Adulthood CONFIDENTIAL! How do you fix Writer’s Block? Write anyway.

Man from 1933 studiously filling out an application with a pencil in a classroom, while other applicants write at desks in background.

Credit: U.S. National Archives and Records Administration | Photographer: Lewis Hines

I can’t think of a single thing on this green earth that will make you lose your damn mind faster than a good case of writer’s block.

It is as painful as being punched in the face by karma. It is as profound as a broken bone. It is as pleasant as getting the air slapped out of your lungs.

It’s no fun at all, is what it is, and I’d love to give you some sort of fantastic spell that will make your fingers dance across the page and your eyes light up like slot machines, but there’s no easy way around writer’s block.

You’re going to have to write anyway.

I know it feels like you’re dancing on a broken leg, darlin’. You’re going to have to trust me.

(Write anyway.)

There’s no king-hell pain like writer’s block.

The only way to get through it is. . . to write. And write. And write.

And it will be awful.

And you will not be happy.

And every sentence that pours through your fingers will be a gritty mess that grind that grit right into your palms.

Oh, you’re gonna hate it.

(Write anyway.)

Do you know what I did to fix my writer’s block?

Only all the wrong things!

I met my deadlines, tapered down my freelance life, and, for the next five years, wandered down a labyrinth that starts with “Why, oh, why did this terrible thing happen to me?”

Why did it happen?

(Answer: I still couldn’t tell you.)

(Actual answer: If you’re digging around for a question you’re not writing. Write anyway.)

My grandfather kept honeybees for many years.

His hive produced smoky sweet mesquite honey, a honey so startling in its complexity and honest its flavor that I can taste it while I describe it to you.

I loved this honey, but good grief, I couldn’t stand bees. I’d had one bad encounter with a hive when I was small and that’s all it took.

In order for my grandfather and I to enjoy this honey we loved, my grandfather needed to maintain his hive.

But the bees had to work too.

In order for those bees to make honey, they needed to get out and pollinate the curled, tough mesquite trees spreading in every direction on the ranch like a gnarled dream of paradise.

To keep those bees and my family nice and happy, we needed me to chill out around these bees, who were just going about their business the way honeybees do if you don’t mess with ’em.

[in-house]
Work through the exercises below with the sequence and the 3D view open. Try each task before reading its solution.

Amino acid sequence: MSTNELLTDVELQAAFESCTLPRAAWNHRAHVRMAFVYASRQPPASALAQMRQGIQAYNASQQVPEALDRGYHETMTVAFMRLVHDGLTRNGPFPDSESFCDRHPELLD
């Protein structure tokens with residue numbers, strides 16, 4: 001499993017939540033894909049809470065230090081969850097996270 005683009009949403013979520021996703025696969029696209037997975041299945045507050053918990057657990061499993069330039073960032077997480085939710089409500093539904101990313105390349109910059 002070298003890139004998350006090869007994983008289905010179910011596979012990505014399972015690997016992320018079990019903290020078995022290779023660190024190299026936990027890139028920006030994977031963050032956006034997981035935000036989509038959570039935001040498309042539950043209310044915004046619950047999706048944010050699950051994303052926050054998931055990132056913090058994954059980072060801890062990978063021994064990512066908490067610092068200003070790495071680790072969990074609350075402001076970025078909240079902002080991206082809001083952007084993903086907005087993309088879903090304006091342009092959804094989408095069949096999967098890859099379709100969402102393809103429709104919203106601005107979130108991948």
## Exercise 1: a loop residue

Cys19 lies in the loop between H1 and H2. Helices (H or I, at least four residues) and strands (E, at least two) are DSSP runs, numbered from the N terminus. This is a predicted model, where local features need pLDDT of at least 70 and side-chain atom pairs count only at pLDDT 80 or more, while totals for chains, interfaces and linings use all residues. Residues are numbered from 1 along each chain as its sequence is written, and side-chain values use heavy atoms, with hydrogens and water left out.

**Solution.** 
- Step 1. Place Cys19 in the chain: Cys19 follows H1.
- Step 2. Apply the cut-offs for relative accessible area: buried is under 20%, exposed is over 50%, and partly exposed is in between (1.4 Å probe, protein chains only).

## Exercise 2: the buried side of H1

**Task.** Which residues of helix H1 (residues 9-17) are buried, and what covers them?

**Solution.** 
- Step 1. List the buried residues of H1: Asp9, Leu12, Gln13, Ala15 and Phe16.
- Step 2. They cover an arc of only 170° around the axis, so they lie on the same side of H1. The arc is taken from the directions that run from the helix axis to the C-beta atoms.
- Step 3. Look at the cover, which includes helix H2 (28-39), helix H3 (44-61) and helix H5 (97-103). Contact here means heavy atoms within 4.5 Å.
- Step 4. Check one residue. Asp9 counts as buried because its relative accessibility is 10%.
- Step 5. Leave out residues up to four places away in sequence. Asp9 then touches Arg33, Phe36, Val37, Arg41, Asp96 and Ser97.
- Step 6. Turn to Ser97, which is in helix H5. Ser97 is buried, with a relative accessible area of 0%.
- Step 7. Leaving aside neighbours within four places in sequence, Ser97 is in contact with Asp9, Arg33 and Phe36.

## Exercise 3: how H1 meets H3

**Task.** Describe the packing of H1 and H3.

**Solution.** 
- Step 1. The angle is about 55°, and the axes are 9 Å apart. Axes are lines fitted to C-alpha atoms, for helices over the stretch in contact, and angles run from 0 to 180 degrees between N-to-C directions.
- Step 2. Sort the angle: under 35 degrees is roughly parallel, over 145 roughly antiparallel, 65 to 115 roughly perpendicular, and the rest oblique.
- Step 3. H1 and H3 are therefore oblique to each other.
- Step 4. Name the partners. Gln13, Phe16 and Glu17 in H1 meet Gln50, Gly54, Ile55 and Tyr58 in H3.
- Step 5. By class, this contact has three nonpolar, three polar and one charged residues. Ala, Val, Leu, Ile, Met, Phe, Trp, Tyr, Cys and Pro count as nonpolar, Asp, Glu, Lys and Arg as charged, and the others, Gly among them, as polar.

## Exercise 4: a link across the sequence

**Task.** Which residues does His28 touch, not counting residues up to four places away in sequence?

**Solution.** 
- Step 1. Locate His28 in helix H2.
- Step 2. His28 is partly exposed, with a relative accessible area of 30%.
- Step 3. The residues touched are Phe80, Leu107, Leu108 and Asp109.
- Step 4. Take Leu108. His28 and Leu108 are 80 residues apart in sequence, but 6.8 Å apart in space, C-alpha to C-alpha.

My grandfather wasn’t one to dismiss your fears—

but he wasn’t going to play into them either.

This is what he said to me, again and again and again until it stuck: “It won’t bother you if you don’t bother it.”

(Translation: Write anyway.)

I am not an expert on writer’s block.

I am merely a writer who has experienced block.

You can go to better experts than me. In fact, I hope you do. I did.

Writer and researcher Alice Weaver Flaherty wrote the fascinating memoir-cum-scientific exploration of writer’s block, The Midnight Disease, after her experience with block after the birth of her child.

I’ve read this book and other equally powerful books on this subject: Julia Cameron’s The Sound of Paper; Anne Lamott’s Bird By Bird; Stephen King’s On Writing. But still, I did not write. Could not write.

(It’s good to read, but write anyway.)

Here’s what finally happened.

I couldn’t stand not writing and I couldn’t write.

My friend Phillip said, “Write anyway.”

It was awful. I complained.

He said, “Write anyway.”

I was scared. And I said so.

He said, “Write anyway.”

And one day I didn’t stop.

The next day it was awful, but I knew if I could do it one day, I could do it another day. So I did.

I kept writing.  And writing.  And writing.

Then I needed somewhere to put all that writing.

I started a blog where I post something every day.

I knew that it wouldn’t all be lollipops and miniature ponies.

Remember, I was working against deadlines for a decade before the block.

Even when you’re riding hot, there will be months where every sentence is like punching yourself in the face.

That’s when you draw on muscle memory, on sheer grit.

It may be terrible.

It may feel awful.

It may hurt like a kick.

But you do it, you hear me?

Write anyway.